A teenager came into a police station on Friday and shot down a 65-year-old man from a minority community accused of blasphemy in a Punjab village.
The reports say that this is the second killing related to country’s controversial blasphemy law in many weeks after the murder of advocate Rashid Rehman khan a few days ago, a Human rights activist.
Earlier this week accused Khalil Ahmad and three other Ahmadis had requested a shopkeeper in their village Sharaqpur – located about 55 km (33 miles) northwest of the Punjab capital, Lahore – to remove inflammatory stickers denouncing their community, said Saleemud Din, a spokesman for the Ahmadi community.
The shopkeeper registered blasphemy charges, in revenge, against the four men on May 12. Victim Ahmad, a father of four, was in police custody when the teenage boy arrived, asked to meet him, and gunned him dead, Din told.
He added police told him that the murderer, a high school student, had been taken into custody
In addition, Din told the gap in safety would have to be investigated meticulously. Pakistani police are extremely poorly qualified and trained and security is frequently negligent, critics say.
Din further said, “They told us the person who shot Mr. Khalil is just a boy,” Din told Reuters, “The hate campaign carried out against us by the mullahs is going on and on and on.”
Ahmadis have been arrested in Pakistan for reading the Holy Quran, holding religious celebrations and having Quranic verses on rings or wedding cards. Eighty six Ahmadis were killed in two simultaneous attacks four years ago in Lahore.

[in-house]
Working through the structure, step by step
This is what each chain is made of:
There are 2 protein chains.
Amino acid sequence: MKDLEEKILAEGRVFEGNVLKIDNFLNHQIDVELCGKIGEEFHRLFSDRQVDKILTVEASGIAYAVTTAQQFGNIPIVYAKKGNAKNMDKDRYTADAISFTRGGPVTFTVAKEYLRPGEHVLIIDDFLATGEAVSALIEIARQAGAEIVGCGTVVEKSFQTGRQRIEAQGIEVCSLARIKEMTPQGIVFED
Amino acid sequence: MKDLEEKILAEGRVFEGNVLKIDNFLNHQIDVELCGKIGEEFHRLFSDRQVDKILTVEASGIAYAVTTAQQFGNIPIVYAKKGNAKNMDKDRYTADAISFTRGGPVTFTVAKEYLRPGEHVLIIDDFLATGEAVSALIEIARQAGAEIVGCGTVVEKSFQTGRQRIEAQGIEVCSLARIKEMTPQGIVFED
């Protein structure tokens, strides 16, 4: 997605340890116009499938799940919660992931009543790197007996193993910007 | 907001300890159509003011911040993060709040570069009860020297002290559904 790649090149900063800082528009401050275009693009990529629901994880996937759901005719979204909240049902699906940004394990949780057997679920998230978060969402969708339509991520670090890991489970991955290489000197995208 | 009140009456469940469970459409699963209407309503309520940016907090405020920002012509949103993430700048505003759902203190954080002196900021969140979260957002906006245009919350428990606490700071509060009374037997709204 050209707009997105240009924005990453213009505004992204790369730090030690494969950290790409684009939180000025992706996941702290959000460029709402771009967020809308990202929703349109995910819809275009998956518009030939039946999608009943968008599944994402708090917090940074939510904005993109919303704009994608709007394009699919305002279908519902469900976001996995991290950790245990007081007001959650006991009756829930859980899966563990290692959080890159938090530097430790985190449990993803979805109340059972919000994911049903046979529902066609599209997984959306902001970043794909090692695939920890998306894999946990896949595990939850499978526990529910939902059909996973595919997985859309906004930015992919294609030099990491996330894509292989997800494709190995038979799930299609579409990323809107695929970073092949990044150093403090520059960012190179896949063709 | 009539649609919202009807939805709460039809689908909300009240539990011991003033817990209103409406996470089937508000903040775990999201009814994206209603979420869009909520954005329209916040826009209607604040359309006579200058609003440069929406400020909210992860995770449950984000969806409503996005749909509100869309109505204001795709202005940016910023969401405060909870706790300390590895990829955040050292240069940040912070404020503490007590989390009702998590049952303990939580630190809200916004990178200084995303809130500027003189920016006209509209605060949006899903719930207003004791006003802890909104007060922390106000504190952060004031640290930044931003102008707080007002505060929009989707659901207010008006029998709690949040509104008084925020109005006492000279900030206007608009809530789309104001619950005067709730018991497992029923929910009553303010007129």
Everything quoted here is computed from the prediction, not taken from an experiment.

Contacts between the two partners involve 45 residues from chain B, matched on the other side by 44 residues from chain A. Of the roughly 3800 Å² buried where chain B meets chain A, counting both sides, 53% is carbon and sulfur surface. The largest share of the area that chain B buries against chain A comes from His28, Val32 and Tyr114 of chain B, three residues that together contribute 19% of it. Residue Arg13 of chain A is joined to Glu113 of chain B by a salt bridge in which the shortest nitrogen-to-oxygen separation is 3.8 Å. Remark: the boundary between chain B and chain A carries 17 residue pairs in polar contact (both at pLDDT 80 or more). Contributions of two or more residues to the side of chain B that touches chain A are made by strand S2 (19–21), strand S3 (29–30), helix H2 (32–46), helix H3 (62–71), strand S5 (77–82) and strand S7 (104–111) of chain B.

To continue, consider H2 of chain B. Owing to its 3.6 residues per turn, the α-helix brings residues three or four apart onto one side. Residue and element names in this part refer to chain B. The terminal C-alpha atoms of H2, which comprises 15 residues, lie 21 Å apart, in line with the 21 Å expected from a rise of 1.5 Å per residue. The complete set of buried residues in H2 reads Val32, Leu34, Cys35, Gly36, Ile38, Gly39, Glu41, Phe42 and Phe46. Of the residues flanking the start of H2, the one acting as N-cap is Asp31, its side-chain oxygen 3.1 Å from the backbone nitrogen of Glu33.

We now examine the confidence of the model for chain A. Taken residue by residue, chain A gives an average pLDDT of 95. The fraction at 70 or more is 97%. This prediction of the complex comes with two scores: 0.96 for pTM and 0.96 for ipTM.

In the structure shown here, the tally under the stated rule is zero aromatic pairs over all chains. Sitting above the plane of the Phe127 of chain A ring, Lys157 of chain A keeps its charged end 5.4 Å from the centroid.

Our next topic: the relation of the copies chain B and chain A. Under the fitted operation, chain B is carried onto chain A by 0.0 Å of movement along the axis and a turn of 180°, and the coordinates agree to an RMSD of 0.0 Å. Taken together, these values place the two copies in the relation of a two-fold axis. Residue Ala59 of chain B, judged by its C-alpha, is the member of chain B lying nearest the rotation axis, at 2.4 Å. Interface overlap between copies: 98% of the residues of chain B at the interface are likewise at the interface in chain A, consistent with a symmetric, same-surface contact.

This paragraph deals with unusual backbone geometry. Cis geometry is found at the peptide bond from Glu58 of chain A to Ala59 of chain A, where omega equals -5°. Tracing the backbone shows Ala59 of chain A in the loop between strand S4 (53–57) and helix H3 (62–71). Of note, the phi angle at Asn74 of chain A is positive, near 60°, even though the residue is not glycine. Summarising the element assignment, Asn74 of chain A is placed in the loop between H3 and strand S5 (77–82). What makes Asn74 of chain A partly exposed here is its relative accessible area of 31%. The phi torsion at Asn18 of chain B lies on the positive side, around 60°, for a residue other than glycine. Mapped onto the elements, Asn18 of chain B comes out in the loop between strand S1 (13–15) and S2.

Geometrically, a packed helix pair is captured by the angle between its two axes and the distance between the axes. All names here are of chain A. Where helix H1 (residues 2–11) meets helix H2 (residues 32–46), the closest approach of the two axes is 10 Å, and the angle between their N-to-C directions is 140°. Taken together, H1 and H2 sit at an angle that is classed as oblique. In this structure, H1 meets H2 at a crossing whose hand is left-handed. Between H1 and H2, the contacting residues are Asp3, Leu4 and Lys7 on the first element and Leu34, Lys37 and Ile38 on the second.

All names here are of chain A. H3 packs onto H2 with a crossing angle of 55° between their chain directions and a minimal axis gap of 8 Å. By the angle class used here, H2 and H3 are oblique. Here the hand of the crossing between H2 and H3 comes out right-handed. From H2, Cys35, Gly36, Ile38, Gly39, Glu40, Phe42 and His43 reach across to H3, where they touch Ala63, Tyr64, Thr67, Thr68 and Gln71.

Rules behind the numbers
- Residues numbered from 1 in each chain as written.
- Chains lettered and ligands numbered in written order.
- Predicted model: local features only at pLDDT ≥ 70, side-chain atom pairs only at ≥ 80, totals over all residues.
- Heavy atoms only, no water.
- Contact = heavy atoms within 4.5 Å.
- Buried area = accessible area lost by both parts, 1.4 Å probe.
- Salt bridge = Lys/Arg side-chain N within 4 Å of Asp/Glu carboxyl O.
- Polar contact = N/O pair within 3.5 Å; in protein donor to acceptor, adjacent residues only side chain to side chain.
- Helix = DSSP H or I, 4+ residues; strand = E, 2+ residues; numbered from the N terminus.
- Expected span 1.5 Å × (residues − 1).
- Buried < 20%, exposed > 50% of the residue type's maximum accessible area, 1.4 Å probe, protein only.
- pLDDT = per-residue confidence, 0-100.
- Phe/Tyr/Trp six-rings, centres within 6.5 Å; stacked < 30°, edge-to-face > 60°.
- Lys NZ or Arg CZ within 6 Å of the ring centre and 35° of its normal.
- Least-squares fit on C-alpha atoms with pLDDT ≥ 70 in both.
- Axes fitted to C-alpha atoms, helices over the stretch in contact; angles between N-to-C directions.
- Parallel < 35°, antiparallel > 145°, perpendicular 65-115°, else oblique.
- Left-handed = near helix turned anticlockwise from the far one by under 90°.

The colonial-era law does not describe blasphemy but says it is punishable by death. Anyone can register a blasphemy case appealing their religious emotions are hurt for any reason.
The accused are often hanged, and lawyers and judges defending or releasing them have been attacked. Rights groups say the laws are increasingly manipulated to settle issues of money or property.
Two politicians who recommended reforming or repealing the law were murdered, one by his own bodyguard. Lawyers welcomed the killer in court showering rose petals on him.
The number of blasphemy claims is growing, according to a 2012 research by the Islamabad-based think tank, the Center for Research and Security Studies. In 2001, there was only one such complaint, but in 2011 there were 80. No more latest figures are existing but 2014 seems to set a record.
Earlier this week, 68 lawyers were charged under blasphemy for using the name ‘Umar’ in protest posters against a police official of the same name.
Last week a prominent human rights lawyer defending a Pakistani university professor accused of blasphemy was shot and killed after being threatened in court by other lawyers.
Human right activist, Rashid Rehman Khan, had been killed for defending the professor, who taught English and was blamed by forceful student groups for making blasphemous for statements on his Facebook page in March 2013.